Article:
The biggest twitch factor was referring to Colin Powell as a fascist. To me, that is like calling someone a nazi; it means nothing and signals the end of any rational discussion. However, looking in the OED i found that contrary to what i had thought, unlike Nazism and communism and socialism and so on, fascism doesn’t really have much of a definition. So calling someone a fascist still isn’t really saying much, but you are legitimately not saying much (whereas for example calling someone a communist is problematic because communism is a specific set of beliefs). Anyway, according to the OED, fascism is right-wing authoritarianism (started by Benito Mussolini as an Italian nationalist body opposing communism in 1919). So basically you can call anyone not on the Left a fascist. She also said that he’s militarist. Um, hi, he’s Secretary of State, he’s a general, i never really thought of him as being non-militaristic.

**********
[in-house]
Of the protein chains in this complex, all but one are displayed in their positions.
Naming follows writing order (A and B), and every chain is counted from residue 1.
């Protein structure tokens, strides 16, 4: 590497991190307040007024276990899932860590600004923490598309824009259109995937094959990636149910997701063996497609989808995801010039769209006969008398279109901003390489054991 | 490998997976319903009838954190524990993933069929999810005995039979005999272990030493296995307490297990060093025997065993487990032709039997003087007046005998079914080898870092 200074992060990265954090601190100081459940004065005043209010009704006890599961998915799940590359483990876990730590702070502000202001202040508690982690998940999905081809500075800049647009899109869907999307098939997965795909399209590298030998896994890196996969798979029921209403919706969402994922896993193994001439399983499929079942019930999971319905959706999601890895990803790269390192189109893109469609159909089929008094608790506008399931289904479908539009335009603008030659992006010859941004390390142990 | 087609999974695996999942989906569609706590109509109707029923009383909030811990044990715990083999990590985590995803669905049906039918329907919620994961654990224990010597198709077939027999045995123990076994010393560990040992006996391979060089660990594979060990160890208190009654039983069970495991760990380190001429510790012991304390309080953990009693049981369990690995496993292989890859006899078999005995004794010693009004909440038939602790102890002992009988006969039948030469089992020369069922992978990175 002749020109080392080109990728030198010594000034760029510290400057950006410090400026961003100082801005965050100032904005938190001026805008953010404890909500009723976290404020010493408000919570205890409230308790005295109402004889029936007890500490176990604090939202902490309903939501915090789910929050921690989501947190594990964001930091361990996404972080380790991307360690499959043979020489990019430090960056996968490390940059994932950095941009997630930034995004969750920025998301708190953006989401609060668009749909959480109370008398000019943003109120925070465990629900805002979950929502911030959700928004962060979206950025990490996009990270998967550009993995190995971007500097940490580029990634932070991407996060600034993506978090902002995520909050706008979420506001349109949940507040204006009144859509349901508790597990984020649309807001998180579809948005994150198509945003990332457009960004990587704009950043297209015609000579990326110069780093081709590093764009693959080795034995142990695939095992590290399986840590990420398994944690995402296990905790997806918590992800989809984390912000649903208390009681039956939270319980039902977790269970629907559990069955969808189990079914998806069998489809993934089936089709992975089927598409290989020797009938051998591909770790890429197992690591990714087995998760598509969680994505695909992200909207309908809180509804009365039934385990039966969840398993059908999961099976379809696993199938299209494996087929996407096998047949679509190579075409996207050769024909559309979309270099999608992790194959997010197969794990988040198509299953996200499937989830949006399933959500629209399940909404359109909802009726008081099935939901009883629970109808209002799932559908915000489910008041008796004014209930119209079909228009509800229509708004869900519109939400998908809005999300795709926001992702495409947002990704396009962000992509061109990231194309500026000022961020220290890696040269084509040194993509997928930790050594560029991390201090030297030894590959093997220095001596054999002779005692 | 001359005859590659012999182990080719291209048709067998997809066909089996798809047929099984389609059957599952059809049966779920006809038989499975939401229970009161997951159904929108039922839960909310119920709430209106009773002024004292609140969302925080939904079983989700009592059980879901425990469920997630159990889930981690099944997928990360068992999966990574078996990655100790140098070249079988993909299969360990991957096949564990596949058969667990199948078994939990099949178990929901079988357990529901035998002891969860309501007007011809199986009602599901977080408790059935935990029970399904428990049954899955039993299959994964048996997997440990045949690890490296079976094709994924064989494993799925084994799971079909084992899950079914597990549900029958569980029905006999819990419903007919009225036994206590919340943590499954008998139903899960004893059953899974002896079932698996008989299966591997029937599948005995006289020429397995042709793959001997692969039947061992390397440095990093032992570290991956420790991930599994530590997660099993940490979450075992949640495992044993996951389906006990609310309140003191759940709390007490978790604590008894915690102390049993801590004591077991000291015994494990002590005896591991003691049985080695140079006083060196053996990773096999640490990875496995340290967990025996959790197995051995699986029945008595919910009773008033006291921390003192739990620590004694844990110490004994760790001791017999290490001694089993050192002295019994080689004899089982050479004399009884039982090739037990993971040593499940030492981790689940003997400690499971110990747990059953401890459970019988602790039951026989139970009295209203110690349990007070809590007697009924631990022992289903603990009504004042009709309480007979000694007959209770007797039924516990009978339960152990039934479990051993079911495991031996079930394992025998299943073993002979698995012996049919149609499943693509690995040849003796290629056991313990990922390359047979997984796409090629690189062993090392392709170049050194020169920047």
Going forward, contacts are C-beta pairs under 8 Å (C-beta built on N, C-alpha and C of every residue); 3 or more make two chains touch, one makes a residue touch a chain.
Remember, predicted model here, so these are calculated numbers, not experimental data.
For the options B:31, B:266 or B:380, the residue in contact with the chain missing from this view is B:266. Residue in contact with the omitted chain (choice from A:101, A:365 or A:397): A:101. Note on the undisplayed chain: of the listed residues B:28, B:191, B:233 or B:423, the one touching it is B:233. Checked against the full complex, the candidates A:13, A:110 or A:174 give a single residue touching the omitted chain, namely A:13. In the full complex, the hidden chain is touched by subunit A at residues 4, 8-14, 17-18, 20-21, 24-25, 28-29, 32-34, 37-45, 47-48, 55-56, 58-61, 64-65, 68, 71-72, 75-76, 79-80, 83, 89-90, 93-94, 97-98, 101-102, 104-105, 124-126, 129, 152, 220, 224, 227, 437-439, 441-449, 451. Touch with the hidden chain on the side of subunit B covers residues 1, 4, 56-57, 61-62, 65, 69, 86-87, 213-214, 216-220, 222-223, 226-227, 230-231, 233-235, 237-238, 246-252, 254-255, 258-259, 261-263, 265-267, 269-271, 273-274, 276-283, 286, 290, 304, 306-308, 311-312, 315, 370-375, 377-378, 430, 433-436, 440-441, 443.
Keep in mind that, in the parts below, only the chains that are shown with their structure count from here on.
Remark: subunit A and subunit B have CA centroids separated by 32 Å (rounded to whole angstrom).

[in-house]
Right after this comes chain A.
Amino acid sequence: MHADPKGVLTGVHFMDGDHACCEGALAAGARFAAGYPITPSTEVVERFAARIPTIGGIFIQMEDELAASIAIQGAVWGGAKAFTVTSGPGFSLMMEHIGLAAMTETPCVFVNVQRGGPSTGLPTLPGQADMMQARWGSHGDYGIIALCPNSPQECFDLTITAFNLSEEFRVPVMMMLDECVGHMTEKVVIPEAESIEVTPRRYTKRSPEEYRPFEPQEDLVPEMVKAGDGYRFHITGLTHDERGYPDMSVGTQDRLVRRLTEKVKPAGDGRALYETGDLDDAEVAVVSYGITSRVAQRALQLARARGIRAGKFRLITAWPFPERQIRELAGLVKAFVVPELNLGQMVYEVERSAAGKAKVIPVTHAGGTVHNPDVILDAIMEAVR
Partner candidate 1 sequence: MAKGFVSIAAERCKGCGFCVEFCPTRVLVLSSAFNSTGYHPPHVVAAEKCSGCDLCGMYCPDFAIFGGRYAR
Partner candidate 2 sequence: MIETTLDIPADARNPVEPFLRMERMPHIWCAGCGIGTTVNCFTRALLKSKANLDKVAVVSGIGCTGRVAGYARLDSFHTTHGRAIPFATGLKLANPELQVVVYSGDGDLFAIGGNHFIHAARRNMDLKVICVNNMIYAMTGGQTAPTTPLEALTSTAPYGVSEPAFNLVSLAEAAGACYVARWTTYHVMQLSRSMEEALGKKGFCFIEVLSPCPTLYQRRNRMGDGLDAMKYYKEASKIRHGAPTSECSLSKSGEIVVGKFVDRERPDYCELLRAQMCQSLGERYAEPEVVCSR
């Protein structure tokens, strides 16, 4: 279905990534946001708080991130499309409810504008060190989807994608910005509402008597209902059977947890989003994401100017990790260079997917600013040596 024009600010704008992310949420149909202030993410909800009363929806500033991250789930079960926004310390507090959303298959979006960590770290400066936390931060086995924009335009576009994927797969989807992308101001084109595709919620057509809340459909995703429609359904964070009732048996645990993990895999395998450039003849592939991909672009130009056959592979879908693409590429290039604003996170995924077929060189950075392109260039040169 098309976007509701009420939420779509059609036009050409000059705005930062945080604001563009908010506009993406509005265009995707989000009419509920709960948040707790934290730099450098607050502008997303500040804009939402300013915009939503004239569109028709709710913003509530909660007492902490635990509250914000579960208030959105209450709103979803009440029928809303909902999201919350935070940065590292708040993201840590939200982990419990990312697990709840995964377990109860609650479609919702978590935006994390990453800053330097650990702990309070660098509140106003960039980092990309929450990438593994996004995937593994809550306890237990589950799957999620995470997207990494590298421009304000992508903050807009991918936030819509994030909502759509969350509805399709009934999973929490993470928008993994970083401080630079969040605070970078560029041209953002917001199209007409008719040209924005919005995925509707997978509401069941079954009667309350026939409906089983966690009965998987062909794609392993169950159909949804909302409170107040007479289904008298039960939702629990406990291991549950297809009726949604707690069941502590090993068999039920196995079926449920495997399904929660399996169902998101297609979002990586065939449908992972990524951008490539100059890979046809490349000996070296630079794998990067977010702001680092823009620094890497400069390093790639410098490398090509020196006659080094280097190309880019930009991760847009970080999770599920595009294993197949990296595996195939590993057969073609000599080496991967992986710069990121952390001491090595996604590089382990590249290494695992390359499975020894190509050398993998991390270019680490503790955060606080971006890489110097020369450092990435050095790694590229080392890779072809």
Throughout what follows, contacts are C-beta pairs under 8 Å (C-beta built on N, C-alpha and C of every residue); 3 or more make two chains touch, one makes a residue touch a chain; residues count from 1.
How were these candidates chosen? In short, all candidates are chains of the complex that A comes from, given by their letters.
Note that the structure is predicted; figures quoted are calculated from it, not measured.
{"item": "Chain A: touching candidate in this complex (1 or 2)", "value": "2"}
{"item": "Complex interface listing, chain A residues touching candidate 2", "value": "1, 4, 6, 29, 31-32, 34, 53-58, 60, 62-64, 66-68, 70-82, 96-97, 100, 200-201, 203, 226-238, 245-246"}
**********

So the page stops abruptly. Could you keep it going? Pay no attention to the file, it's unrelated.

Okay, i’ve decided (an attempt at) chronological order is the way to do this, so a brief interlude.
She wrote a children’s book. Be Boy Buzz She read it aloud to us, and i was thinking how children’s books that empower boys in non stereotypical ways are great and how the controversy over using non-standard (African-American) English in a children’s book (given that children develop so many of their language skills from being read to as well as regular conversation) could be really interesting and perhaps it would be a neat book to get for my cousin (though he’s 6 and therefore perhaps a bit old) since he’s a boy and multicultural literature is good and all that (though the book is really nothing astounding).